As a secular Israeli child, my training in prayer was none. I had no reason to step into a synagogue and less so to pray. Loyal to the political and ideological indoctrination of my youth, I had consciously attempted to keep myself “untainted“ by exposure to Jewish classical text and most especially to liturgy. Therefore, when I chose to explore my Jewish religious roots in adulthood I assumed that I was coming to it with a liturgical blank slate.
But to my surprise I found that there was one prayer that had infiltrated my subconscious and had firmly imbedded itself therein. El Maleh Rakhamim, the dramatic and deeply heart-stirring prayer I had heard so often on television broadcasts of military or state funerals. I found that upon recall, the melody would ring loud and clear, the words would avail themselves, and the existential sorrow would rise up to become palpable. El Maleh Rakhamim was my early link to our people’s shared tragedy as well as liturgy.
The melody and words seemed to comfort and offer a repose for grief and reflection. However, one phrase in the liturgy repeatedly left me bewildered. I often tried to make sense of the concept and image described in the prayer as Tzror Hakhayyim, “the bundle of life”. “God, (please) bind up the soul of the deceased in the bundle of life, and may he/she rest in peace at their resting place“, says the prayer. “What kind of bundle; how can a soul be bundled; where is the bundle of life; what does this all mean?”, I wondered.
Dear Rabbi Evan J. Krame,
Thank you for sharing your critical reflections on handling aspects of the interfaith wedding. I appreciate your search for a coherent framework for interfaith weddings that goes beyond “just accommodating”. As you mentioned, many a Jewish partner in an interfaith couple present the need to satisfy their relatives’ or their own desire for a token Jewish presence, and token Jewish symbols, at the ceremony. This presentation seems hardly consistent with, nor honoring of, a Rabbi’s core training and mission.
I am not sure there is a good practical solution to the specific conundrum you described regarding standards for the interfaith Ketubah signing. And perhaps there is no simple solution to the range of questions that emerge as we attempt to be inclusive and welcoming of interfaith couples.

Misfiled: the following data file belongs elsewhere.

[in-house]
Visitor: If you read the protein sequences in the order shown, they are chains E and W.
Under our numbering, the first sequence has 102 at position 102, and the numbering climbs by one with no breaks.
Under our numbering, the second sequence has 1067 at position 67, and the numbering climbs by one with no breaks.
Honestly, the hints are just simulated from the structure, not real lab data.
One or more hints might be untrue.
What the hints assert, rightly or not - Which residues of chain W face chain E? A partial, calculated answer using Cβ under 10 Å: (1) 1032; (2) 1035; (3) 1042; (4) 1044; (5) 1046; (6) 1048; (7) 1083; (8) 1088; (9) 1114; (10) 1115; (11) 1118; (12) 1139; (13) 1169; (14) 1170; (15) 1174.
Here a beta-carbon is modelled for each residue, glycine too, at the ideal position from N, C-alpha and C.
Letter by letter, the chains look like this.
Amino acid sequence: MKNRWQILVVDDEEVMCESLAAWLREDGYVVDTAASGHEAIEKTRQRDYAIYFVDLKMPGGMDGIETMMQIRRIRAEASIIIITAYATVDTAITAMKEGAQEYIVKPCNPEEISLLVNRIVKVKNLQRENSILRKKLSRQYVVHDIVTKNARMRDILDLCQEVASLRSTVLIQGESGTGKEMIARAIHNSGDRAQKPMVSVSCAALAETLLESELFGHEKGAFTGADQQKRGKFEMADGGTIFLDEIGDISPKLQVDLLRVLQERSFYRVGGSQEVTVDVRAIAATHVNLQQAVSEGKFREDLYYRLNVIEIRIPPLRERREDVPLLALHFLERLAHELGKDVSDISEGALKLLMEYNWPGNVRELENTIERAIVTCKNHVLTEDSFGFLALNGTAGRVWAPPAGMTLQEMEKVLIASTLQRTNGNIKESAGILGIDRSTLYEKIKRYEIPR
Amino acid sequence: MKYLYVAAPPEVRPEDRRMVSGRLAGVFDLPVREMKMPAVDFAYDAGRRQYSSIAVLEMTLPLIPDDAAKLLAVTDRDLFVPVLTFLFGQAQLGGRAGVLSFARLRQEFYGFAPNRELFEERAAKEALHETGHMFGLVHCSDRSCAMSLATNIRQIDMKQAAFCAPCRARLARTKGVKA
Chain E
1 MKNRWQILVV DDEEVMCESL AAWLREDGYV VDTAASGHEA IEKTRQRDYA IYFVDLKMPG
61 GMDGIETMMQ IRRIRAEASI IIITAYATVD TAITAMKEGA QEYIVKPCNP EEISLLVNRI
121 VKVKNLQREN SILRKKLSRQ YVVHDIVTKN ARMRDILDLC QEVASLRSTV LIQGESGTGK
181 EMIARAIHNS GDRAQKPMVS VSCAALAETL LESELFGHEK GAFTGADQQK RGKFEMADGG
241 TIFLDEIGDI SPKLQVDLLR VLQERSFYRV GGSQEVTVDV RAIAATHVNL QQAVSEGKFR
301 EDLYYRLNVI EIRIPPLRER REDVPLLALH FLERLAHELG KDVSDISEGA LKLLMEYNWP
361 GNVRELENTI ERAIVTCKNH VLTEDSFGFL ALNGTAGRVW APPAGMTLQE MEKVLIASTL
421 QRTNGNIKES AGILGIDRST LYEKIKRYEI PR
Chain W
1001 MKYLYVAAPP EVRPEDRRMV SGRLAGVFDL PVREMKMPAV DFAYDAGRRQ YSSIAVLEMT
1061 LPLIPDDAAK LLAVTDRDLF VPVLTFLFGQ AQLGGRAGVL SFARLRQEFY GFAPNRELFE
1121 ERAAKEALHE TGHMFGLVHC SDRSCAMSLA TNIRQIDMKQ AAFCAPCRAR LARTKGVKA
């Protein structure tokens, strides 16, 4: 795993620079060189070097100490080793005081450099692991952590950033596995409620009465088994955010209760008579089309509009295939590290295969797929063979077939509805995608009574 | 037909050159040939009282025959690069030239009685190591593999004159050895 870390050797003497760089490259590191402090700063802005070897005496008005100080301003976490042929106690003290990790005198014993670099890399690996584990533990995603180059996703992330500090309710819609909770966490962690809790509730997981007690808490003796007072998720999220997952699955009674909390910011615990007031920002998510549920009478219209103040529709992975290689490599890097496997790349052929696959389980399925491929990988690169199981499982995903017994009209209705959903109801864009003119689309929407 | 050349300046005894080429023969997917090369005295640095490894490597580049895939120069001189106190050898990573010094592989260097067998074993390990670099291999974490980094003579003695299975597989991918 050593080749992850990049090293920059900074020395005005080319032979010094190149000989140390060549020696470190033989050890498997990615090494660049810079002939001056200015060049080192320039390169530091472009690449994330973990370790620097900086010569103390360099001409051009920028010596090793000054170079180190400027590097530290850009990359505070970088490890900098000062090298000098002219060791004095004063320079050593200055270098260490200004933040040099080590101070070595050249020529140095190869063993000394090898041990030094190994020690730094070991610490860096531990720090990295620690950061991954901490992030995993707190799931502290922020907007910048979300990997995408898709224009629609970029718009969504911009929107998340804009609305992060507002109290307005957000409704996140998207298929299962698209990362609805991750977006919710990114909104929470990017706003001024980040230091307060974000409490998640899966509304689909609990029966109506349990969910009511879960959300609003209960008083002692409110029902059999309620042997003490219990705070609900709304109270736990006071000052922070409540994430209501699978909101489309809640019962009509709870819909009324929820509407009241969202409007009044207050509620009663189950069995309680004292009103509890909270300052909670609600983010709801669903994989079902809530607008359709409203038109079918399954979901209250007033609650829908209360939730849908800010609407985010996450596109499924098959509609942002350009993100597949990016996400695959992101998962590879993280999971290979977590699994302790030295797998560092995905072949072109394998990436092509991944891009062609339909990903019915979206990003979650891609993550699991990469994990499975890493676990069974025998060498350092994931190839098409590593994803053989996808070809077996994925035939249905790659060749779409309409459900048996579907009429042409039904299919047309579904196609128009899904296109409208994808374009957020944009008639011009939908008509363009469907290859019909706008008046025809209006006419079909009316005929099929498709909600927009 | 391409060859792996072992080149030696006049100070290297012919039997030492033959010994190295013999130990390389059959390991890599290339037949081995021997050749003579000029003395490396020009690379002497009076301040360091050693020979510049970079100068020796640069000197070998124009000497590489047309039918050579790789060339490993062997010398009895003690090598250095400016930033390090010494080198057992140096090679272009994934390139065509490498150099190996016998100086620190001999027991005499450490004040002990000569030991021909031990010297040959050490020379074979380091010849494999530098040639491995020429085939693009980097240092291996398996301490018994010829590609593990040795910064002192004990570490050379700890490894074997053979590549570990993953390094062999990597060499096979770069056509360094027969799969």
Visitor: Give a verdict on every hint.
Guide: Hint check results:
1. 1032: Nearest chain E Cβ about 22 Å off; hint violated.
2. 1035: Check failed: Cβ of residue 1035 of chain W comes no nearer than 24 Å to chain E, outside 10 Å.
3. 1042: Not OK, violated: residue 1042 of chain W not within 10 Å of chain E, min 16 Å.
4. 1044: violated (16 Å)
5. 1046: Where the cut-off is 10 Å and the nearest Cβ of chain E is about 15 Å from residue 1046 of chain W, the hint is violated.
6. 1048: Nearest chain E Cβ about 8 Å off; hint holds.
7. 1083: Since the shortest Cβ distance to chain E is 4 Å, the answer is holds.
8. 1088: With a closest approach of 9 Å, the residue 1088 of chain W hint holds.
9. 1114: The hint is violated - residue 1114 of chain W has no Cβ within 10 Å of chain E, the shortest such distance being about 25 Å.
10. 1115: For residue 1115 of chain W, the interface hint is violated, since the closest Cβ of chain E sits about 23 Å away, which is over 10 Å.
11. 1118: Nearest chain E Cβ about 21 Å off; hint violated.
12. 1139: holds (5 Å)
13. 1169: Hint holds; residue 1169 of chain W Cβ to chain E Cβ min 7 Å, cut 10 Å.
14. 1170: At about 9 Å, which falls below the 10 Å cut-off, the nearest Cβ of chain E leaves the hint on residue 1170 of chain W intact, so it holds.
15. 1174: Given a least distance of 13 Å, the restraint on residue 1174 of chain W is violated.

As you said, indeed Reb Zalman was the master of compassionate creativity, and a role-model on how to handle some of these thorny questions. Reb Zalman did teach us how not to fear experimentation. I consider myself eternally blessed by the Rebbe’s example and permission to soar with creativity. But I am also remembering his teaching that experimentation is just that, experimentation. Experiments by their nature may fail, and I wonder to what degree our Renewal community’s experimentation with interfaith marriages has succeeded? Also, Reb Zalman’s creativity had its limits, of which examples abound. And furthermore, Reb Zalman was uniquely qualified to be creative and experimental given his vast knowledge-base, and unusually far-reaching vision.
In the past few years I have been gaining new meta-clarity about some of the deeper issues related to interfaith weddings. This clarity has helped me find greater coherence, some of which I will attempt to share in this letter.
The emerging realization is that interfaith-wedding incoherences, such as you shared, stem from a common misunderstanding or forgetfulness of the essential meaning of Jewishness. How can we establish a true and enduring interfaith pact when the definition of faith itself is murky? Most interfaith couples that reach out, and at times we ourselves, forget the greater context of wedding in our desire to say yes, to be inclusive, and to make a ceremony happen for folks we care about. It is very difficult to coherently negotiate the union between a Jew and a non-Jew when the involved parties have not taken the steps necessary toward maximizing clarity and intentionality around Jewish identity, as well as around Jewish ambiguities.
More often than not both the Jewish and other-faith partner have not had the inclination, nor opportunity to explore the Jewish partner’s Judaism in depth. Usually they view Judaism through the majority-culture lens, that of “religion”, which Judaism is not. Judaism is not a religion but a peoplehood, which Christianity is not. There are other paradigmatic differences between Judaism and other faiths, but let us focus for now on the more common Jewish/Christian case. The difference between being a peoplehood and being a religion is essential for the purposes of negotiating a wedding, and is utterly confusing for most of the couples I work with. I attempt to explain that Judaism is not a religion, but a people with a collective spiritual and practical purpose, which is to be a Mamlekhet Cohanim V’Goy Kadosh, a kingdom of priests and a holy people (Exodus 19: 6).